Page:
The Main Event - Experiencing the 270 Euro Tasting Menu

We were then served an Amuse Bouche; an alternative take on the classic Fish and Chips. The main part of the amuse bouche was a cracker with a creamy mousse, with parmesan 'chip' sticks. This fish dish was incredibly overpowering and strong, so definitely isn't one for those who are not huge fans of fish. The parmesan chips were my favourite part.

Osteria Francescana Review Amuse Bouche
Osteria Francescana Amuse Bouche

Next was our first 'official' course; Autumn in New York as a Journey of the Eel. I'm not a fan of Eel as I find it far too 'fishy' tasting and very overpowering, but I managed to gulp it all down and necked a large mouthful of wine to take the taste away. By this point I was really rather worried - we'd had two VERY fishy dishes, and the next dish was also reasonably fishy. I absolutely adore fish, but I'm not good with that overpowering fish taste and feel it was far too much to serve THREE courses like this at the very beginning of the meal.

Autumn in New York as a Journey of the Eel at Osteria Francescana

Alas, the most interesting dish for me was actually the next one; 'Burnt', served on a black dish was two black crackers sandwiching a black mousse made from squid ink. A deep grey liquid was then poured into the dish, and you had to take a bite of the cracker and then take a spoonful of the liquid. We were instructed to *not* dip the cracker into the liquid. I really love squid ink, but the crackers still had that very 'fishy' taste to it and I was desperate to get away from the fish courses.

Osteria Francescana Burnt

Thankfully the third official course - Mediterranean Sole - was actually one of my favourite dishes of the meal. I am a huge lover of white fish cooked well, and this was one of the best I have ever eaten. It was a beautiful dish which looked like a work of art, and the fish itself melted in the mouth. At last, a dish I could enjoy.

Mediterranean Sole Osteria Francescana

Sadly the next course none of us really enjoyed. It was 'Wagyu no Wagyu' and was pork belly doused in a very salty jus. The flavour and saltiness of the jus was far too strong for the meat and completely overpowered the flavour of the pork.

Wagyu no Wagyu Osteria Francescana
Wagyu no Wagyu Osteria Francescana

When my mom met Bocuse was another interesting one. A wafer of parmesan sat atop a cylindrical pot that was filled with a broth of mushrooms and snails. It was delicious, comforting, and the flavours worked incredibly well together!

When my mom met Bocuse Osteria Francescana

The next dish is Massimo Bottura's most famous and something I was unsure about before tasting it, but it ended up being one of my favourite dishes from the entire meal; Five Ages of Parmigiano Reggiano in different temperatures and textures.

As soon as the combinations of aged parmigiano reggiano hit my tongue my tastebuds exploded and I knew the amount on my plate wouldn't be enough to satiate. I wanted more. It was just incredible. The aged cheese in different temperatures and textures of foam, sauce, ice-cream, baked crisp, and fluffy cream was just sensational and pure genius, and I'm not quite sure I have ever tasted anything like it in my life. The entire meal was worth it for this one dish.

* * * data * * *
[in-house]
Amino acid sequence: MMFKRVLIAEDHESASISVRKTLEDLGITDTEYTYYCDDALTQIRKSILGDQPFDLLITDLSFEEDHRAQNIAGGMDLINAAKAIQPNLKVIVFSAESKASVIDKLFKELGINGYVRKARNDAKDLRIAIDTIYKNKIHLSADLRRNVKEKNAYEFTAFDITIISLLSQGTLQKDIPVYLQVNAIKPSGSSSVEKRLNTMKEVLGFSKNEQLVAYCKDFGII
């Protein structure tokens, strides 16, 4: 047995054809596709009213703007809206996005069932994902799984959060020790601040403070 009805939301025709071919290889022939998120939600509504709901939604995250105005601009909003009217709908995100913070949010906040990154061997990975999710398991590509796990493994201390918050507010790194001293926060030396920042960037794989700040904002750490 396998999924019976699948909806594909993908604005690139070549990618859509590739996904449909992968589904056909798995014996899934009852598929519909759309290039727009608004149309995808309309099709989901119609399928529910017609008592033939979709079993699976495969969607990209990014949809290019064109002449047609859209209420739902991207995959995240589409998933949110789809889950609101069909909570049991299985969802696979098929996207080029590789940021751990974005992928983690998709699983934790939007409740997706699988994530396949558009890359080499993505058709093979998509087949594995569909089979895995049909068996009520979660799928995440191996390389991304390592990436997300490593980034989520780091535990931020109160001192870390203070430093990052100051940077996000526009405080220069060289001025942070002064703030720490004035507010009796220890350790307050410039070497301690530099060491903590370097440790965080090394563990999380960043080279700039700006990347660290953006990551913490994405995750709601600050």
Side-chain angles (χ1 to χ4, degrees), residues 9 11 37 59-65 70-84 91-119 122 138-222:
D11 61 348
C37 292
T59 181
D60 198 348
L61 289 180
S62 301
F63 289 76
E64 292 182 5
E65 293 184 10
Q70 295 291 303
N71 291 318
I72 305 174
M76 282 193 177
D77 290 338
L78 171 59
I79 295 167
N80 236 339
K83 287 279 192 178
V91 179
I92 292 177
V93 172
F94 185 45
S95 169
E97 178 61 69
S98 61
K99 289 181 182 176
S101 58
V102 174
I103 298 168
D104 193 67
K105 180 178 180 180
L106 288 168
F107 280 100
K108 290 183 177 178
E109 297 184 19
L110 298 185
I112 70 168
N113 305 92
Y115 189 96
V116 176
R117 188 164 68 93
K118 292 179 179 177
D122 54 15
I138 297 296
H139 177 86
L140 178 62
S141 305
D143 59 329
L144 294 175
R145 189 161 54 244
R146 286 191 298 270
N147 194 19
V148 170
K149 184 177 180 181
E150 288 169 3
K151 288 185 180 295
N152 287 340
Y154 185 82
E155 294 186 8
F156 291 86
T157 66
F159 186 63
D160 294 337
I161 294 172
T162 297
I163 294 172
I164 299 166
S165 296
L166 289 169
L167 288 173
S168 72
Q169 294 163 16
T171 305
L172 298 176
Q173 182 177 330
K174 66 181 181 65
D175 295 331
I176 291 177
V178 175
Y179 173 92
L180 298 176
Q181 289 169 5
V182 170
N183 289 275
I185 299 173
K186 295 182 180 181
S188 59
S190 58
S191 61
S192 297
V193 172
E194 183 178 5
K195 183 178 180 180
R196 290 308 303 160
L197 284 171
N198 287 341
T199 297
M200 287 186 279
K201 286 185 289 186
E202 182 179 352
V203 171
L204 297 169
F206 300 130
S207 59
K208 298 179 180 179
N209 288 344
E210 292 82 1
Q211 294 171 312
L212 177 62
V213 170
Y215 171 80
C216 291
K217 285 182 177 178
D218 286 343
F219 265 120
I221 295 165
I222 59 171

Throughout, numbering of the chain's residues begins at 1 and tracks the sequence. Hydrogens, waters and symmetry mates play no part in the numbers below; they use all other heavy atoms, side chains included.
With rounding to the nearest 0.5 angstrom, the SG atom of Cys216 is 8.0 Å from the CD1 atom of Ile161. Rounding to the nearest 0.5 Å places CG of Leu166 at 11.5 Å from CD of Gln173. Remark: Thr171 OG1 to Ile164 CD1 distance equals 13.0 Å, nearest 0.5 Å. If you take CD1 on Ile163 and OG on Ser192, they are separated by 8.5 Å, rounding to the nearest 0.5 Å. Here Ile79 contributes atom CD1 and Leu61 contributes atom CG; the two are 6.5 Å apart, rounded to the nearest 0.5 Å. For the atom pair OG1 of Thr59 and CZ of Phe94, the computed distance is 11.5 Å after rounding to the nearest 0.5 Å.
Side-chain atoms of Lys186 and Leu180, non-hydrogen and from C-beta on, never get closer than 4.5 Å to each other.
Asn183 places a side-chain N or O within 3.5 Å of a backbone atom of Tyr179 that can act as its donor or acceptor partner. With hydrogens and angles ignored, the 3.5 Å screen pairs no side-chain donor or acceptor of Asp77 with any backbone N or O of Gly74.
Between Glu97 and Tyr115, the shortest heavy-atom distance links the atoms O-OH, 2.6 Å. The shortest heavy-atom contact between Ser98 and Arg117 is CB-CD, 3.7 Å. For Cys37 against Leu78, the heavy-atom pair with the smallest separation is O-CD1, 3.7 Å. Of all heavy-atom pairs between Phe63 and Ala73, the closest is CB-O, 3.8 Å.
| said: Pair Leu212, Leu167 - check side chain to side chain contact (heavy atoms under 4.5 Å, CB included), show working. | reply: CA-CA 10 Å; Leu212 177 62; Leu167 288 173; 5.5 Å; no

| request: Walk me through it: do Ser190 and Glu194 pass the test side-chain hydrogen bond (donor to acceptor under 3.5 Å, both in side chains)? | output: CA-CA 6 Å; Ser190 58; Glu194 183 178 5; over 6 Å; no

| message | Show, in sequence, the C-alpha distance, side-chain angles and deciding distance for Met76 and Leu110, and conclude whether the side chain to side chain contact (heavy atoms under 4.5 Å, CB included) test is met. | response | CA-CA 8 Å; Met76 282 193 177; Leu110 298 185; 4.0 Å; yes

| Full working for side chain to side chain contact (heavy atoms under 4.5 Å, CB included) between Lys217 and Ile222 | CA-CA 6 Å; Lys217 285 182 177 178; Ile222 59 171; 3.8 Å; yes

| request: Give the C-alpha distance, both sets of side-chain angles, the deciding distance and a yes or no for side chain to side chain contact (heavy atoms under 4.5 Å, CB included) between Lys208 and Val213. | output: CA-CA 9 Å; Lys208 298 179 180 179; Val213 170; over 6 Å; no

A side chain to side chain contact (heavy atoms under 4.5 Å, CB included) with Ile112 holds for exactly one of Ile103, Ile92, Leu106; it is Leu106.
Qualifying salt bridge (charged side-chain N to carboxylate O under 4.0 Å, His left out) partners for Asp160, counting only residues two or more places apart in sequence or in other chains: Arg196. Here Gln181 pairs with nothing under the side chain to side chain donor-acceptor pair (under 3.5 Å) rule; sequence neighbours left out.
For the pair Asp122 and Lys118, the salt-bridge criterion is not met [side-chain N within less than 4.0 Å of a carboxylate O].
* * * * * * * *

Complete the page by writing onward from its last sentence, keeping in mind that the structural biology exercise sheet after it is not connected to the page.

Osteria Francescana Five Ages of Parmigiano Reggiano in different temperatures and textures

Guinea Hen in Three Courses was another dish I really enjoyed. It came in three parts, starting with the ravioli of roasted potatoes in Guinea hen roasted sauce. The ravioli had a beautiful crunchy topping with a soft cushion beneath, and when I thought they couldn't do anything more wonderful with Guinea Hen, we were presented with the second part; Guinea hen a la Crete...tribute to the Cantarellis. This was a cold dish with truffle on top, and it was mouthwateringly good.

Osteria Francescana Guinea Hen in Three Courses Ravioli
Osteria Francescana Guinea hen a la Crete...tribute to the Cantarellis

Finally we finished the Guinea hen courses with Guinea hen crunchy skin, savor livers and truffle.

Osteria Francescana Guinea hen crunchy skin, savor livers and truffle

Our last savoury course was the Pumpkin risotto. I adore pumpkin, and I adore risotto, so this was a dish I was looking forward to. Unfortunately I was really disappointed, and found it was nowhere near as good as the mushroom risotto I had at Raymond Blanc's two-Michelin starred Le Manoir aux Quat’Saisons just over a year ago. Massimo's risotto was a little unusual in that it was a sweet/savoury risotto, and it actually tasted like a very bitter chocolate orange (chocolate was shaved onto the top of the risotto). For me the flavours just didn't work and I didn't enjoy it at all.

Osteria Francescana Pumpkin Risotto

However, dessert arrived and once again I was in awe of the artistry of the food. Oops! I dropped the lemon tart not only looks impressive, but the flavours were mind-blowing. I have never tasted anything so lemon-y and joyous in my life. It was just complete and utter perfection.